You have worked through the resume-writing process, made it through the interviews, and finally landed the job. Now you are getting ready for that first day, which causes jitters as you do not know what to expect. While a JobTestPrep review could have broken down what you will expect from your job, it doesn’t let you know what to expect from your fellow employees. That is part of what makes the first day a little complicated. Here are some things to do before starting a new job.
1. Research the Company
You already researched the company when preparing for a new job, but that was only the start. You now have to explore the values and cultures in a new light, bearing in mind that you will now be subject to the same culture. You want to know the leadership better and how the structures are in the company, your immediate supervisor, and even your colleagues.
Most of the things to know you can only find out after you start, but it helps to have a little foundation on the expected structures. It will also help to know the dress code, so you know how to show up on the first day. As a matter of fact, you want to line up a wardrobe in readiness for the new job to align to set values. These minor issues could make all the difference. A seemingly minor issue that some people forget to check when they start working is the company’s policy on colleague dating, yet it is quite vital. These are some of the questions you can ask the HR manager before you report on the first day or check whether they are addressed on your contract document.
2. Research Your Colleagues
This is not something you necessarily what to do when looking for a job, so you will want to get to it after getting the job. You want to know the kind of people you are working with, and these days social media makes it easy to stalk people without looking weird. You have all the tools to go through without getting noticed, so use them to know the team a little better before you start working with them, as this could work in your favor.
3. Practice your Commute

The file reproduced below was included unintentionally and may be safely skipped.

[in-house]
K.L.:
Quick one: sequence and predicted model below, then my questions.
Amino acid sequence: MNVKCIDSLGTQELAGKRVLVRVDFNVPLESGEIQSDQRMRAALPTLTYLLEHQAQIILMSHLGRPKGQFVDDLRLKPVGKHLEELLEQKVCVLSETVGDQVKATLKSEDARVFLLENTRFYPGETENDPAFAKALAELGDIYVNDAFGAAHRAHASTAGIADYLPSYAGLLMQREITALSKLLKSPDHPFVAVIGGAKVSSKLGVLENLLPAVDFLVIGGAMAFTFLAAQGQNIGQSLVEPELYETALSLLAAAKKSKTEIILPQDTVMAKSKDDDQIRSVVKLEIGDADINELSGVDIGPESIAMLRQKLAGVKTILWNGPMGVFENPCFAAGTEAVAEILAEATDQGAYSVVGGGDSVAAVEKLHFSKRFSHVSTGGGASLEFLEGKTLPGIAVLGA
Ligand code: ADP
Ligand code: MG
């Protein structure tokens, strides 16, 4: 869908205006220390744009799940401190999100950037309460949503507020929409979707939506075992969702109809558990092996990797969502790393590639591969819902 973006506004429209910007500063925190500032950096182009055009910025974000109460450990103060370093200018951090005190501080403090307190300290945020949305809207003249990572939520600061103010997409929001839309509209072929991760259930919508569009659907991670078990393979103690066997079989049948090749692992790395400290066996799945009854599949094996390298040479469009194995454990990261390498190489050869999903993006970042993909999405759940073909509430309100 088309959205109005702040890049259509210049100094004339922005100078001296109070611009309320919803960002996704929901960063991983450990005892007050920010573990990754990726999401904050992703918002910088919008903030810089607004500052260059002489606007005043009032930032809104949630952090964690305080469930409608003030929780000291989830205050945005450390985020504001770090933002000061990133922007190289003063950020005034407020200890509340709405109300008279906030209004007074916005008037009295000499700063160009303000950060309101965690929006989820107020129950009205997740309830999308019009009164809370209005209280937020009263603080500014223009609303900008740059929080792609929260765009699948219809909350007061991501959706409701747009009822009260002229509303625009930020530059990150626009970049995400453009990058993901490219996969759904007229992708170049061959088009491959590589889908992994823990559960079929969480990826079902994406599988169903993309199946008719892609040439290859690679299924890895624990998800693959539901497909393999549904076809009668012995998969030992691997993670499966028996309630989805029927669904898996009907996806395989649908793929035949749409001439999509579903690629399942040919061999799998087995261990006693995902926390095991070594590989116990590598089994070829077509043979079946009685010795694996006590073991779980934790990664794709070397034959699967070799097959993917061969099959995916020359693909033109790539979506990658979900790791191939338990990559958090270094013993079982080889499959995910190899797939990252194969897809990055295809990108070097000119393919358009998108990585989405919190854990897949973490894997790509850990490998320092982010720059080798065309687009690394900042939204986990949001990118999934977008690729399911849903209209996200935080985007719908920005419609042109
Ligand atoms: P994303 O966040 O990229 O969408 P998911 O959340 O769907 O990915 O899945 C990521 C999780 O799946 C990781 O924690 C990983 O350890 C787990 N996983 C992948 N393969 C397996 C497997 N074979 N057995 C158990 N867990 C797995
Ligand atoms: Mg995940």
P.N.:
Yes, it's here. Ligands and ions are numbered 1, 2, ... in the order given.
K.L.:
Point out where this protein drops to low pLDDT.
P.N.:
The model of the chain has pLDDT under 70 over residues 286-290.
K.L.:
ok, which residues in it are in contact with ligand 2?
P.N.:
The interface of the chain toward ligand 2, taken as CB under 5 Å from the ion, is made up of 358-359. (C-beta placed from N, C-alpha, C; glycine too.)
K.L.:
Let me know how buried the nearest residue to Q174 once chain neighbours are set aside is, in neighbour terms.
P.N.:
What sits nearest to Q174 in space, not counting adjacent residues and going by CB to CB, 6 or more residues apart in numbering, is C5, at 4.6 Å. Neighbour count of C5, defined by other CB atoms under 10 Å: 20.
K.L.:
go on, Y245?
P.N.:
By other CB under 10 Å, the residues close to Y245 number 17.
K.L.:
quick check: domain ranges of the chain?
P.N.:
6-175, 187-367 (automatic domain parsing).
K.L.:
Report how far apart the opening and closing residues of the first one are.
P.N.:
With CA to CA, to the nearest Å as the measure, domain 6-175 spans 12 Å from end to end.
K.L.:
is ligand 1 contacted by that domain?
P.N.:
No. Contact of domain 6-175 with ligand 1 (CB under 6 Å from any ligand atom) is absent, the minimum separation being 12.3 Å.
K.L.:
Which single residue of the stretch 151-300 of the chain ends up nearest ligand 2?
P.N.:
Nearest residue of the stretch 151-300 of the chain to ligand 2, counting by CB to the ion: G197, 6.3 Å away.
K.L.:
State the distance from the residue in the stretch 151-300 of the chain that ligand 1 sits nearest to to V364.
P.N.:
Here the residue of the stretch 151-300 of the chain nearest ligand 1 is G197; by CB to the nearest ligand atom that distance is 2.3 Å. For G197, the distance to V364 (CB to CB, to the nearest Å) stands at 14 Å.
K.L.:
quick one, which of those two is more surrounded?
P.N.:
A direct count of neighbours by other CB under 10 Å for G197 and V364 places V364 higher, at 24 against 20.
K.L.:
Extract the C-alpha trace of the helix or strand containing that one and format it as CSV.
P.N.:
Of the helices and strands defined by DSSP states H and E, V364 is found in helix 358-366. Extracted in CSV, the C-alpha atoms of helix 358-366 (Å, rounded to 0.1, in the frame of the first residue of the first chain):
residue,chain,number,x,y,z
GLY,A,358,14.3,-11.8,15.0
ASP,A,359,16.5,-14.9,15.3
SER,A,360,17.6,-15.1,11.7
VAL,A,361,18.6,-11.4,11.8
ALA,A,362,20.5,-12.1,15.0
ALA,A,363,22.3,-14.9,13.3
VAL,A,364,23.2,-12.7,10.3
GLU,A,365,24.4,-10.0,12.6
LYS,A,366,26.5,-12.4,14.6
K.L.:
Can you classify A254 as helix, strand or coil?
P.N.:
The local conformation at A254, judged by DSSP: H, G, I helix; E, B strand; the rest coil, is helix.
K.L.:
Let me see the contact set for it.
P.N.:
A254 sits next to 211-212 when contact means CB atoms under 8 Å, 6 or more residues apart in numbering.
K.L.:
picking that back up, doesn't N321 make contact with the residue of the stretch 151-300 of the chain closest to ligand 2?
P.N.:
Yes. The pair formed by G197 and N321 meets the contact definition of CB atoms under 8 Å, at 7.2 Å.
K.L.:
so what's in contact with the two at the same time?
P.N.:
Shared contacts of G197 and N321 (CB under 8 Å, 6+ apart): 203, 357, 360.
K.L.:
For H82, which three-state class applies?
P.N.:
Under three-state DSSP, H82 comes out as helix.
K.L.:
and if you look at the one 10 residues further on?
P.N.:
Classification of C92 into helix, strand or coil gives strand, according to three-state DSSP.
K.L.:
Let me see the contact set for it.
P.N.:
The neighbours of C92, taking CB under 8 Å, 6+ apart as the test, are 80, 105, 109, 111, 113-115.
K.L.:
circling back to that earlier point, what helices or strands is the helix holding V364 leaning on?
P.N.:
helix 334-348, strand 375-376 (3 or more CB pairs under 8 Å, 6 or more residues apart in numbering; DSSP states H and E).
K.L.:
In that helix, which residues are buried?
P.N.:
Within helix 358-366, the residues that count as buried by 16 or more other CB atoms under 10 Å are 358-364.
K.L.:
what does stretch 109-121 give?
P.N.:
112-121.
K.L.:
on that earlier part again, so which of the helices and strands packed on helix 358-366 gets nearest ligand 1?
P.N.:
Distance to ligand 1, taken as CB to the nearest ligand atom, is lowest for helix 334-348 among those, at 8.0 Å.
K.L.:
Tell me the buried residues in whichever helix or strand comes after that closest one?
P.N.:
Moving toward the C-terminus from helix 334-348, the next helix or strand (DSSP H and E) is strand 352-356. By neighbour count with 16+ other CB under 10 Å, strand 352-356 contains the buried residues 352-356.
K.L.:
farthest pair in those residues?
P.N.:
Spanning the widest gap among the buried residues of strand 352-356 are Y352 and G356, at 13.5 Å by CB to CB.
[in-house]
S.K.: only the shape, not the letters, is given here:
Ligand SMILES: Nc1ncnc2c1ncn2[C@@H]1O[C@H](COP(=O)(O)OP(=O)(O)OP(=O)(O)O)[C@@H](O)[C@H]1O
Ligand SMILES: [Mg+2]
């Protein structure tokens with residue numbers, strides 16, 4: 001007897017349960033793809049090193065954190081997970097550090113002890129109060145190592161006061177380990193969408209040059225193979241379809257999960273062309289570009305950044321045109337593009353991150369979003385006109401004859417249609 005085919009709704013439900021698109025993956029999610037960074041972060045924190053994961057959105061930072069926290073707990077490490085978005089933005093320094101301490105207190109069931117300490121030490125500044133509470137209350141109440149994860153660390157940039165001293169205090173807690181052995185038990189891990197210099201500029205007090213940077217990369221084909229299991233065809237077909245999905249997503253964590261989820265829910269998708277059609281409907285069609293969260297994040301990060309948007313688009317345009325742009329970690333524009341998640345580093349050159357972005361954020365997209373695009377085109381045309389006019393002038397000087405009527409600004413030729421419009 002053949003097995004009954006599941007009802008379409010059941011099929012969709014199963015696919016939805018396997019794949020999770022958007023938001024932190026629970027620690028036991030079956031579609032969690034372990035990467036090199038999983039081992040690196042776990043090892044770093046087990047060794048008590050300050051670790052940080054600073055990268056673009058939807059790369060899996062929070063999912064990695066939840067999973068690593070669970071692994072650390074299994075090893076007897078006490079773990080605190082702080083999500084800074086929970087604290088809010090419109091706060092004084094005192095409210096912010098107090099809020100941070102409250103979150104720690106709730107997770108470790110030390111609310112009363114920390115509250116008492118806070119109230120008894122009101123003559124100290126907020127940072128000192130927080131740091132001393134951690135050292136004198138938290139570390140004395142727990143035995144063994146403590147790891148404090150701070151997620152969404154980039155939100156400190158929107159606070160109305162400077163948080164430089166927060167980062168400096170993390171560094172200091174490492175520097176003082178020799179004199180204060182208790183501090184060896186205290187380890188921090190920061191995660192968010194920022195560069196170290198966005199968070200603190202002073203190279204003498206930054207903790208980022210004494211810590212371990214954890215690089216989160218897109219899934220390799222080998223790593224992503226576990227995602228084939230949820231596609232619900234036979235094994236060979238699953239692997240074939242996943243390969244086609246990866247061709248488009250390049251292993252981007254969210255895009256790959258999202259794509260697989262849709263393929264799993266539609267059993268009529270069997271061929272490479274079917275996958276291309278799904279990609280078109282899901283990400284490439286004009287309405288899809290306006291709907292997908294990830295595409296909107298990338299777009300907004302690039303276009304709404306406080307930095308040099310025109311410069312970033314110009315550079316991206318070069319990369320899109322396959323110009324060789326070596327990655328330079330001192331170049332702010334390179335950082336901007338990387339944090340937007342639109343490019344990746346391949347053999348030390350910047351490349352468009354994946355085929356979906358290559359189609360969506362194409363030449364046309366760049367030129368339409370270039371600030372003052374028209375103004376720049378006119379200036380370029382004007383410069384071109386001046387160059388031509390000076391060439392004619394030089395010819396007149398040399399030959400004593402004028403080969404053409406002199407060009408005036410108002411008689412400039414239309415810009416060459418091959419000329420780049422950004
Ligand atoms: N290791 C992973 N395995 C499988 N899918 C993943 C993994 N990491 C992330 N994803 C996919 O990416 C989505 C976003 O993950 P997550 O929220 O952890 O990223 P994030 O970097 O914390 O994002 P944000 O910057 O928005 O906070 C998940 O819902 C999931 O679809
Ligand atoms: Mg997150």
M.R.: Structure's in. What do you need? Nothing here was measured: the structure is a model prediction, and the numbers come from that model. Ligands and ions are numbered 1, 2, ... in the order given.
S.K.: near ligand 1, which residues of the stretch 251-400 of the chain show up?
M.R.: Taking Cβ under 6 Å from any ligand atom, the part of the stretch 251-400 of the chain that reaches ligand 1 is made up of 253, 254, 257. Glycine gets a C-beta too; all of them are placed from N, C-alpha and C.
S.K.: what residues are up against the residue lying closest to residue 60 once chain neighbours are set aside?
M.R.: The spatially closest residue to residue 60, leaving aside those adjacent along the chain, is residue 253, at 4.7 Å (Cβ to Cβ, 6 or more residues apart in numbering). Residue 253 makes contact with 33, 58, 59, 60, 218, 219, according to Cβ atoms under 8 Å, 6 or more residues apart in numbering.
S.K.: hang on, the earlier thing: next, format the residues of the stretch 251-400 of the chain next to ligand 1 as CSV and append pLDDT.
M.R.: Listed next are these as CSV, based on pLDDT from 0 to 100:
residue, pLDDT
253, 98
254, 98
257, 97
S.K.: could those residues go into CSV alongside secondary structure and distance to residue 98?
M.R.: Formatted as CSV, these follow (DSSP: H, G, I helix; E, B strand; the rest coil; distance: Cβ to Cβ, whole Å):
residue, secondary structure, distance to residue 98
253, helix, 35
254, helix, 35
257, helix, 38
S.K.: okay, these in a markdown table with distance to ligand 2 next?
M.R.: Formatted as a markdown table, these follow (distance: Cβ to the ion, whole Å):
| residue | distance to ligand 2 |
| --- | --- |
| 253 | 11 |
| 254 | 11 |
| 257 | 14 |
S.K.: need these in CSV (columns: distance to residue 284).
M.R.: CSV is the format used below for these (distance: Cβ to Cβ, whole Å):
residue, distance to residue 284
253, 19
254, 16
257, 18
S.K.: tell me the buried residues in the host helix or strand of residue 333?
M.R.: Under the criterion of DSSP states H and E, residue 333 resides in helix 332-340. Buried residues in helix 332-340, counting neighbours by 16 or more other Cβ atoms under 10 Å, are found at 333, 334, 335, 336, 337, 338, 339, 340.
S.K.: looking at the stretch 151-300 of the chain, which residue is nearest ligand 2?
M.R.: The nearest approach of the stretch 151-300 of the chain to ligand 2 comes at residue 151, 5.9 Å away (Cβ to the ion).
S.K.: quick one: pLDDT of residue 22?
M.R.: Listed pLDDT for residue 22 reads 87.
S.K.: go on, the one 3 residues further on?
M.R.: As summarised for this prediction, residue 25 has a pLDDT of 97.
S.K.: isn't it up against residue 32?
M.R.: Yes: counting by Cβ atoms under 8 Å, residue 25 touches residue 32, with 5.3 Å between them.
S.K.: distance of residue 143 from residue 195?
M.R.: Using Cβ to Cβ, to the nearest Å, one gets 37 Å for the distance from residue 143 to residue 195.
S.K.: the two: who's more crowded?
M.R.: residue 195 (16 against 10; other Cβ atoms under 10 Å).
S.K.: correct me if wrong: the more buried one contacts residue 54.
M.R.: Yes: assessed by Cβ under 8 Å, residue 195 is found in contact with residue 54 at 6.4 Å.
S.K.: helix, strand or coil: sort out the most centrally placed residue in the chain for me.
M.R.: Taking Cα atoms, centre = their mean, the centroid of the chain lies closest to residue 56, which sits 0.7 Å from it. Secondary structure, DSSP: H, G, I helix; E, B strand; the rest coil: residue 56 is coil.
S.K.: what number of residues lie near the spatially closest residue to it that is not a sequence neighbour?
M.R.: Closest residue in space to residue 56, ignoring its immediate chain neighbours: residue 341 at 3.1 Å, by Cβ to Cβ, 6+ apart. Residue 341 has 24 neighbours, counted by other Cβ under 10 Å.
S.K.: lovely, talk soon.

You do not want any inconveniences on your first day, so it helps to know all the possible routes to the office. If you have only been there once or all the interviews were done virtually, you may want to do a quick run to ensure you know where the right turns are before D-day. Things tend to go wrong when you least expect them, especially when you have to use public means of transportation, so it helps to explore all ways to get to the office – bus, train where possible, cabs, and even cycling. You can afford to make mistakes on any other day but not the first.
4. Arrive Early and Introduce Yourself
One of the most important observations you can make is being on time when you report for the first day. All eyes will be on the newbie, and you do not want to start by showing up way after everyone else. Fifteen minutes before showtime is usually good enough for most people as they get the time to take in the environment. You will take the time to know the amenities before the team members show up. When the time is ripe, you want to introduce yourself or follow protocol if the human resources manager is the one responsible for that. As the day goes by, you will be able to read your colleagues better and get to know them more as you work together.
5. Ask Questions where Needed
Part of how to prepare for a new job is knowing that it is okay to ask questions. Co-workers are most times exceptionally good to new employees, so you will have all the questions asked, even the silly ones. At this point, it helps to know nothing is too outlandish if you do not have the answer – for instance, not all printers work the same, so it doesn’t hurt to ask for help. You may not know where the stationery is, and asking will help. You will tell by the body language of the people who don’t mind being asked questions, which is vital because you do not want to feel like a bother, so make the most of them without being unnecessarily intrusive.
6. Be Open to Socialization
Part of creating a healthy community is actually participating, and it doesn’t hurt to go out for drinks or lunch sometimes. Even when you are not the most social butterfly, you may want to be open to getting to know your colleagues outside work once in a while. If you segregate, you will alienate yourself and maybe make your stay at the company lonely, so participation could do you some good. While at it, it helps to remember your colleagues are not necessarily your buddies, so boundaries are necessary to keep the work environment formal.
Remember to take care of yourself, so you do not burn out. You want to hydrate, rest, ask questions where needed, take on what you can, and learn to set boundaries to create a healthy relationship with your job. As much as everyone starts enthusiastically, it behooves us to remember to say no when we need and to take one day at a time. Because you want to have a beautiful relationship with your colleagues, you also want to give the best version of yourself. A healthy workplace is the best gift everyone can give the other. Also, remember to go through the contract document closely to know how the company expects you to conduct yourself before you even start working. Most importantly, remember to enjoy yourself.